He often focused his creativity on surface treatments. The unbroken, primary-colored wrappers of the three Pacific Design Center buildings (1975, 1988, and 2012) in West Hollywood, Los Angeles, made them look almost like children’s toys. The Museum Tower, a condo building overlooking the Museum of Modern Art in New York, has a facade suggesting a Mondrian painting. Inside, his buildings tended toward the rational. “There was always a certain logic, a frame of reference, within which César made design decisions,” said Phil Bernstein, who spent years working for Pelli before becoming a vice president of Autodesk and then joining the Yale architecture school faculty. “He had a very understated and measured strategy for the organization and articulation of a building. This was a strength of his process and I don’t think he could have worked any other way.”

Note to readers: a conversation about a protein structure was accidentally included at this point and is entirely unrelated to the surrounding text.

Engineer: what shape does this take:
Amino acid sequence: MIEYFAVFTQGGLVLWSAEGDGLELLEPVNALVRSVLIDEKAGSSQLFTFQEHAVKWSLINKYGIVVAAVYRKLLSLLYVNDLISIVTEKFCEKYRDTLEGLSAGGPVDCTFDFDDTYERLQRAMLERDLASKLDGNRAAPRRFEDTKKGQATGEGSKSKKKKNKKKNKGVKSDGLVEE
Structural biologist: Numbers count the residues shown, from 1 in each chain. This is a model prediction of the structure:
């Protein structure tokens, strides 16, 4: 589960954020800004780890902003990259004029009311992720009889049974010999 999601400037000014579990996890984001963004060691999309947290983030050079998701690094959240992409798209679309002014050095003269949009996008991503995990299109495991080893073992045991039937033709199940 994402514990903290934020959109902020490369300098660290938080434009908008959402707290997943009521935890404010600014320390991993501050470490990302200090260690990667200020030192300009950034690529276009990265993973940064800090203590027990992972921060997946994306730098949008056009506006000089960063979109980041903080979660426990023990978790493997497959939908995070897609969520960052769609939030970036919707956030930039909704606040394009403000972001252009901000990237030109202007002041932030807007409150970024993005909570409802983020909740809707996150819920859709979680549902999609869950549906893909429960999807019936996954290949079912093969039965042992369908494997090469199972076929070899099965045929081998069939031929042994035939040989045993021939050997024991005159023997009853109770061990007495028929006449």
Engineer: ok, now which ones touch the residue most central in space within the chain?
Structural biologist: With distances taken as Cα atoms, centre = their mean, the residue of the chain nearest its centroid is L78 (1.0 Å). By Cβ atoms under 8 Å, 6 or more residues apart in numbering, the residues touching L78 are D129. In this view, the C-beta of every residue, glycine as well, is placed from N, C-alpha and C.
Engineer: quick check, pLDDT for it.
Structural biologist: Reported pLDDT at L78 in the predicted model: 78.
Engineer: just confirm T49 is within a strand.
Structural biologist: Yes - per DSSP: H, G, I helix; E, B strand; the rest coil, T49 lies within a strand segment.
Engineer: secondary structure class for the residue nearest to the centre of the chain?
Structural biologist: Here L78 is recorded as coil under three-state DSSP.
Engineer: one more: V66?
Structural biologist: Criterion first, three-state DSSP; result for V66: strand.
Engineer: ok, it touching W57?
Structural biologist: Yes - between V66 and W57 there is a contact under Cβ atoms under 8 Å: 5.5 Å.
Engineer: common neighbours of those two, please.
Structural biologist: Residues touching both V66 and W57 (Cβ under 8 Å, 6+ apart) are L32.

One of Pelli’s favorite projects was his soaring, light-filled Reagan National Airport terminal in Washington. “It is a building that sings, at least to me,” he told a crowd at the National Building Museum in 2012. “It tells you you are welcome to be here.” As an immigrant, he was determined to convey that feeling.

César Pelli was born October 12, 1926, in Tucumán, Argentina. In 1952, he and his wife, Diana Balmori, not yet 20, decided to “see the world” before settling down. Pelli obtained a scholarship to study at the University of Illinois School of Architecture. Soon after they arrived in the U.S., he said, they decided they would stay. (Balmori, who went on to become an important landscape architect, died in 2016.)

A professor recommended Pelli to Eero Saarinen, and in 1954 he went to work for in Saarinen’s Bloomfield Hills, Michigan, office. His projects included TWA (“It was his design but I developed many of the details,”) and Morse and Stiles Colleges at Yale, with their distinctive rubble-concrete facades. (“That was his vision and I interpreted it the best I could. I had my doubts about the wall but he was keen on it.”)